I promised that day to approach travel with an open heart and to avoid the trap of cultural elitism as much as humanly possible. Let’s all work hard not become the “Ugly American.”
4. THE CURIOUS FINGERS [Crystal]
I rock a head full of natural curls that can sometimes morph into a big beautiful ‘fro — enticing to curious fingers, I know — but please don’t try to get your sneak on when I pass by. Just in case you aren’t sure, let me state this more clearly. Strangers copping an uninvited feel on my hair is a No, NO!
Last year, when my friends and I were traveling in Europe, I turned around to find two men — and their girlfriends no less — walking behind me, hands perched inches from my hair. When I caught them, they asked sheepishly, “Oh! Can we touch?”
I’m all for being a cultural ambassador and sharing my life experience, but OMG! Is that for real? I am a tourist … not a tourist attraction. Do I need to wear a sign like the ones we see in museums? When it comes to this brown girl and her big curly ‘fro — please don’t touch!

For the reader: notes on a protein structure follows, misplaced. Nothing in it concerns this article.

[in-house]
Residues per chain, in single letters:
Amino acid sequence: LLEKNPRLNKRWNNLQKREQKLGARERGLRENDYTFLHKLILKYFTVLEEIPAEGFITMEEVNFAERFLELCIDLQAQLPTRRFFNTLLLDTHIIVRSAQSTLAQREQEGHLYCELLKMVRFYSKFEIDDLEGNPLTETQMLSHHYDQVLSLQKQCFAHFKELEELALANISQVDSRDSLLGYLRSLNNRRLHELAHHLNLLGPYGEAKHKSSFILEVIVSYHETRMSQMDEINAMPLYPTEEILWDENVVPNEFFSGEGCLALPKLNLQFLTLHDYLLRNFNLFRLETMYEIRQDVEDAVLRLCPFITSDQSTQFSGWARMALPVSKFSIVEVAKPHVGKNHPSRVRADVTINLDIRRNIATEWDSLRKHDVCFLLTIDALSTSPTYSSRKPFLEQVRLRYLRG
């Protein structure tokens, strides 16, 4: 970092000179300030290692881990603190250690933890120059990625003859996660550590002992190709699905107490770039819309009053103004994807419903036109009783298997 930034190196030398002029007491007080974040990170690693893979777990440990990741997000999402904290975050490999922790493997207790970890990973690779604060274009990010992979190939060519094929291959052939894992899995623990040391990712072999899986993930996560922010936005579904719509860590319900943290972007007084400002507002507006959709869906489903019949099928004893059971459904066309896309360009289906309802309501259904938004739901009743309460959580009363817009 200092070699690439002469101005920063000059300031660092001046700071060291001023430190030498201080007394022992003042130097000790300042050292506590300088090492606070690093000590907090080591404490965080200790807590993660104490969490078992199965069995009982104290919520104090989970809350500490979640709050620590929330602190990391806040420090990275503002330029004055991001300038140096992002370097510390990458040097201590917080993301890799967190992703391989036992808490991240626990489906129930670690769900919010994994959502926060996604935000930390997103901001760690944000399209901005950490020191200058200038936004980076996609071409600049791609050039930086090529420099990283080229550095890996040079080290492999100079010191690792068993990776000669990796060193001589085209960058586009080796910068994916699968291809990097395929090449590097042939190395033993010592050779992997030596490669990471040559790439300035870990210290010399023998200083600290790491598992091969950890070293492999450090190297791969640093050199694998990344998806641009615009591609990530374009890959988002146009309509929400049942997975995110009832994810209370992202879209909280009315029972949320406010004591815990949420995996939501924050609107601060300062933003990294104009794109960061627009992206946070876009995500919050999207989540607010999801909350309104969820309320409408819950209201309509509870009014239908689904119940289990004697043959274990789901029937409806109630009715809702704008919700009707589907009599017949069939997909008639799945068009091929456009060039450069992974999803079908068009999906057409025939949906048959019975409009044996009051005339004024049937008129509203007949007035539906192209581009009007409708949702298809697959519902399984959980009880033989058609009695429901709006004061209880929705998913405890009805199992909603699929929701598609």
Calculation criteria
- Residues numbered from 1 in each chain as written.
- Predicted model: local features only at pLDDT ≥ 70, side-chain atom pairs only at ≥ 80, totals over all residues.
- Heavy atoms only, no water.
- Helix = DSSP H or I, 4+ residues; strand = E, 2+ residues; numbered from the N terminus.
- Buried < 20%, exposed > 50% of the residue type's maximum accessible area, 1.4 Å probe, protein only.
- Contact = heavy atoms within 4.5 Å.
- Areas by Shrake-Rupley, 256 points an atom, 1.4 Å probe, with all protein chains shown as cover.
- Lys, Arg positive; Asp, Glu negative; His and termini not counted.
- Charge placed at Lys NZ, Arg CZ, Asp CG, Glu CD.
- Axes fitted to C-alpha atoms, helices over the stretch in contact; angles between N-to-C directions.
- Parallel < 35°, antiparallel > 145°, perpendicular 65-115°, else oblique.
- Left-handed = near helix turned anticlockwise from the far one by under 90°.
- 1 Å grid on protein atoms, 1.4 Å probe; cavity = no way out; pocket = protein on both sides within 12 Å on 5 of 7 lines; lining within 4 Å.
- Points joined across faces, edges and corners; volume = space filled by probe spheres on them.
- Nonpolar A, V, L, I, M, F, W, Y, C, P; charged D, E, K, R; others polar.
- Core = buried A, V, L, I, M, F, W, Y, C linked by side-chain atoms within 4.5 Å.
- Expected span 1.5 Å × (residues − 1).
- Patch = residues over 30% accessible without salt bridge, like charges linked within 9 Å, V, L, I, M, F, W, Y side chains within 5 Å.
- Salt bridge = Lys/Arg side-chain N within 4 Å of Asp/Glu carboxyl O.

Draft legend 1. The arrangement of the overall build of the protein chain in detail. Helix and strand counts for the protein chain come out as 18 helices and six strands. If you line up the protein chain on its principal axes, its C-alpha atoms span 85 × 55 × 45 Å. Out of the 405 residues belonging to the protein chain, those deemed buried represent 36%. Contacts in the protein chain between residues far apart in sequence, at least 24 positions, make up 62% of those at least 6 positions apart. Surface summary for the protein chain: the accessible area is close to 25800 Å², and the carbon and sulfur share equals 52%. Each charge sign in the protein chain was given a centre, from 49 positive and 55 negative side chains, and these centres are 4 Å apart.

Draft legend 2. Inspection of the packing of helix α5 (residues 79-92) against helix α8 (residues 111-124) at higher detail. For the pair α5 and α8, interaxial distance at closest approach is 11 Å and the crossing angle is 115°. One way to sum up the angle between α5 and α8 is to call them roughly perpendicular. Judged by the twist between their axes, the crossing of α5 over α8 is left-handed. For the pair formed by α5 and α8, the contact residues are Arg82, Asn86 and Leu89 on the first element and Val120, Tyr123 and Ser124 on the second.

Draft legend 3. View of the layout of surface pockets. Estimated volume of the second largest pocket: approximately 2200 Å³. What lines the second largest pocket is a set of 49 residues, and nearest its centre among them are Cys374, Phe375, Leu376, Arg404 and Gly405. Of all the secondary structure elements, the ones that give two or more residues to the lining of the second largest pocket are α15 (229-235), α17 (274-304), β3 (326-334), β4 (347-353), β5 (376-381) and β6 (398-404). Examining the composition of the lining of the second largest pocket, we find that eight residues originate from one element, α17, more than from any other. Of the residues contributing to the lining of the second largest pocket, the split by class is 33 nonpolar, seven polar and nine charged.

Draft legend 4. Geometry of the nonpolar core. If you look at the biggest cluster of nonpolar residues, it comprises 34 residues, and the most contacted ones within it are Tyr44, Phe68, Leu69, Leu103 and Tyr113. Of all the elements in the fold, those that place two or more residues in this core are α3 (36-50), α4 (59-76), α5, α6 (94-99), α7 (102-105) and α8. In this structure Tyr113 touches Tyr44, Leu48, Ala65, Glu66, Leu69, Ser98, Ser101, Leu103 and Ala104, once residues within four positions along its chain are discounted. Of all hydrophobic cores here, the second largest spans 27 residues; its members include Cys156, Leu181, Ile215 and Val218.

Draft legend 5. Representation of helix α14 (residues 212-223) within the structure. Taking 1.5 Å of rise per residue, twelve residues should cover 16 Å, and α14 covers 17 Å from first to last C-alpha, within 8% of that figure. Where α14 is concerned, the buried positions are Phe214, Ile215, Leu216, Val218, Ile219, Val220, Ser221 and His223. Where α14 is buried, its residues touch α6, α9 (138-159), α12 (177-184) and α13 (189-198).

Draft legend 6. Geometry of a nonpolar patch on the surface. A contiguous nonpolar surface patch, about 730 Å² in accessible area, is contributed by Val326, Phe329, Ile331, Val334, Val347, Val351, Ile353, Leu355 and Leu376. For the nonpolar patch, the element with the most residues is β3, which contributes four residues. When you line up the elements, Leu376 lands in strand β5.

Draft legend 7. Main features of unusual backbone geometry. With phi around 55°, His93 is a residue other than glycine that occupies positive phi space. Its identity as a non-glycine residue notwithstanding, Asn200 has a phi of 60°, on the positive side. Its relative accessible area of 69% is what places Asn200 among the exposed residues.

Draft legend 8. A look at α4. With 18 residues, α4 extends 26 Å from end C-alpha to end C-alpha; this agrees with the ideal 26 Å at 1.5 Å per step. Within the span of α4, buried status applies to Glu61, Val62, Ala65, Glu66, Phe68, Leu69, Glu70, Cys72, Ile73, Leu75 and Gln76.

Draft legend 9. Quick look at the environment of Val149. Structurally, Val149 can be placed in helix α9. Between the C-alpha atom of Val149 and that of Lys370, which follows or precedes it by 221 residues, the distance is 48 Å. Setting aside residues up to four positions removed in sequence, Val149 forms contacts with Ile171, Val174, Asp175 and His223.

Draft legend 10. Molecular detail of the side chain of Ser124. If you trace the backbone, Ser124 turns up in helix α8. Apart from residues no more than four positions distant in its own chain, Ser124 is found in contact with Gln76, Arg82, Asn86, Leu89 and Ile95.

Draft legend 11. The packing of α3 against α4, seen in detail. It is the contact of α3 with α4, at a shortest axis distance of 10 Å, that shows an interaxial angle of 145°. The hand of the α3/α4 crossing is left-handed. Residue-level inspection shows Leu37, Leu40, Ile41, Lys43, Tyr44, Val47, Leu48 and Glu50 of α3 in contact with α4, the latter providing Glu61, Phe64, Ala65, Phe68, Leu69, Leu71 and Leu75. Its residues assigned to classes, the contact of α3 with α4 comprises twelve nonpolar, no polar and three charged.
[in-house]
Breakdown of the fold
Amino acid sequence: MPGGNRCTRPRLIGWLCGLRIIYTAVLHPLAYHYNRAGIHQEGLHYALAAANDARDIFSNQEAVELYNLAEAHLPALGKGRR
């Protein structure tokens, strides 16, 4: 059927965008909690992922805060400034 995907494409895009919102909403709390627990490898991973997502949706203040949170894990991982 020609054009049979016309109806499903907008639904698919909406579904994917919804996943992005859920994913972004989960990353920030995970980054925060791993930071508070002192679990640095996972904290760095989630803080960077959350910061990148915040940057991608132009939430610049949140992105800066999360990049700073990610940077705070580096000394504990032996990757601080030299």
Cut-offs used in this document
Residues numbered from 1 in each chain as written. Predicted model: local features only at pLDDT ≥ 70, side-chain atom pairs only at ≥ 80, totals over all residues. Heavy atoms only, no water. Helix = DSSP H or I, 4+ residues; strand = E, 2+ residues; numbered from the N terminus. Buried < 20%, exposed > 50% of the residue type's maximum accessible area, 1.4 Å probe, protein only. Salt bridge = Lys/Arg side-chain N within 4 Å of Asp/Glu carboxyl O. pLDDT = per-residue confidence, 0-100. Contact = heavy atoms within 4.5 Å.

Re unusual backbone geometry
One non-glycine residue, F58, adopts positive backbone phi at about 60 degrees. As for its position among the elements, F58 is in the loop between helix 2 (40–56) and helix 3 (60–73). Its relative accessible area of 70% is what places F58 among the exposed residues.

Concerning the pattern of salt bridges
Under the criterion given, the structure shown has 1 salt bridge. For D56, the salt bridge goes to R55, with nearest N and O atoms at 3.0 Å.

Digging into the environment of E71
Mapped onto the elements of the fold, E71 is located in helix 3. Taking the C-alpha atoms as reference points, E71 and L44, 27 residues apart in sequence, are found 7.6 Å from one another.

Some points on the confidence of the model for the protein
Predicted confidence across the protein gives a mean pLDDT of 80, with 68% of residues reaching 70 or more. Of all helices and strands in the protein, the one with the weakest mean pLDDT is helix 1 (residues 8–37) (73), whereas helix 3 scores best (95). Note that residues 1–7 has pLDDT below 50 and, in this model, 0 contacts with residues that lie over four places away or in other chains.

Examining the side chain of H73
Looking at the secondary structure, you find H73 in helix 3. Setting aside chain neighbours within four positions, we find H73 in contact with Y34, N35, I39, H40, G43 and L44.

5. THE “DON’T WASH THE LINENS” POLICY [Chelle]
In attempt to save costs and develop Earth-friendly policies, many hotels give you the option to reuse your towels and washcloths so they have fewer loads to wash. This makes sense to me. But, when it comes to linen on the bed, I expect a different level of scrutiny. I don’t enjoy being greeted by hair, ink marks, blood or dead bugs (all of which I’ve seen) when I pull back the covers. Please save us all the hassle and just put fresh sheets on the bed.
And, for sanity’s sake, PLEASE change the comforter more than once a quarter. People thrown them on the floor, and put their shoes, pets, naked bums and suitcases on them. The last sensory experience I want before drifting off to sleep is the sight and smells of food stains, cigarette burn holes and sex juices. Grrrrrr!
6. BONUS: THE SNAILS IN THE EXPERT LANE [Crystal]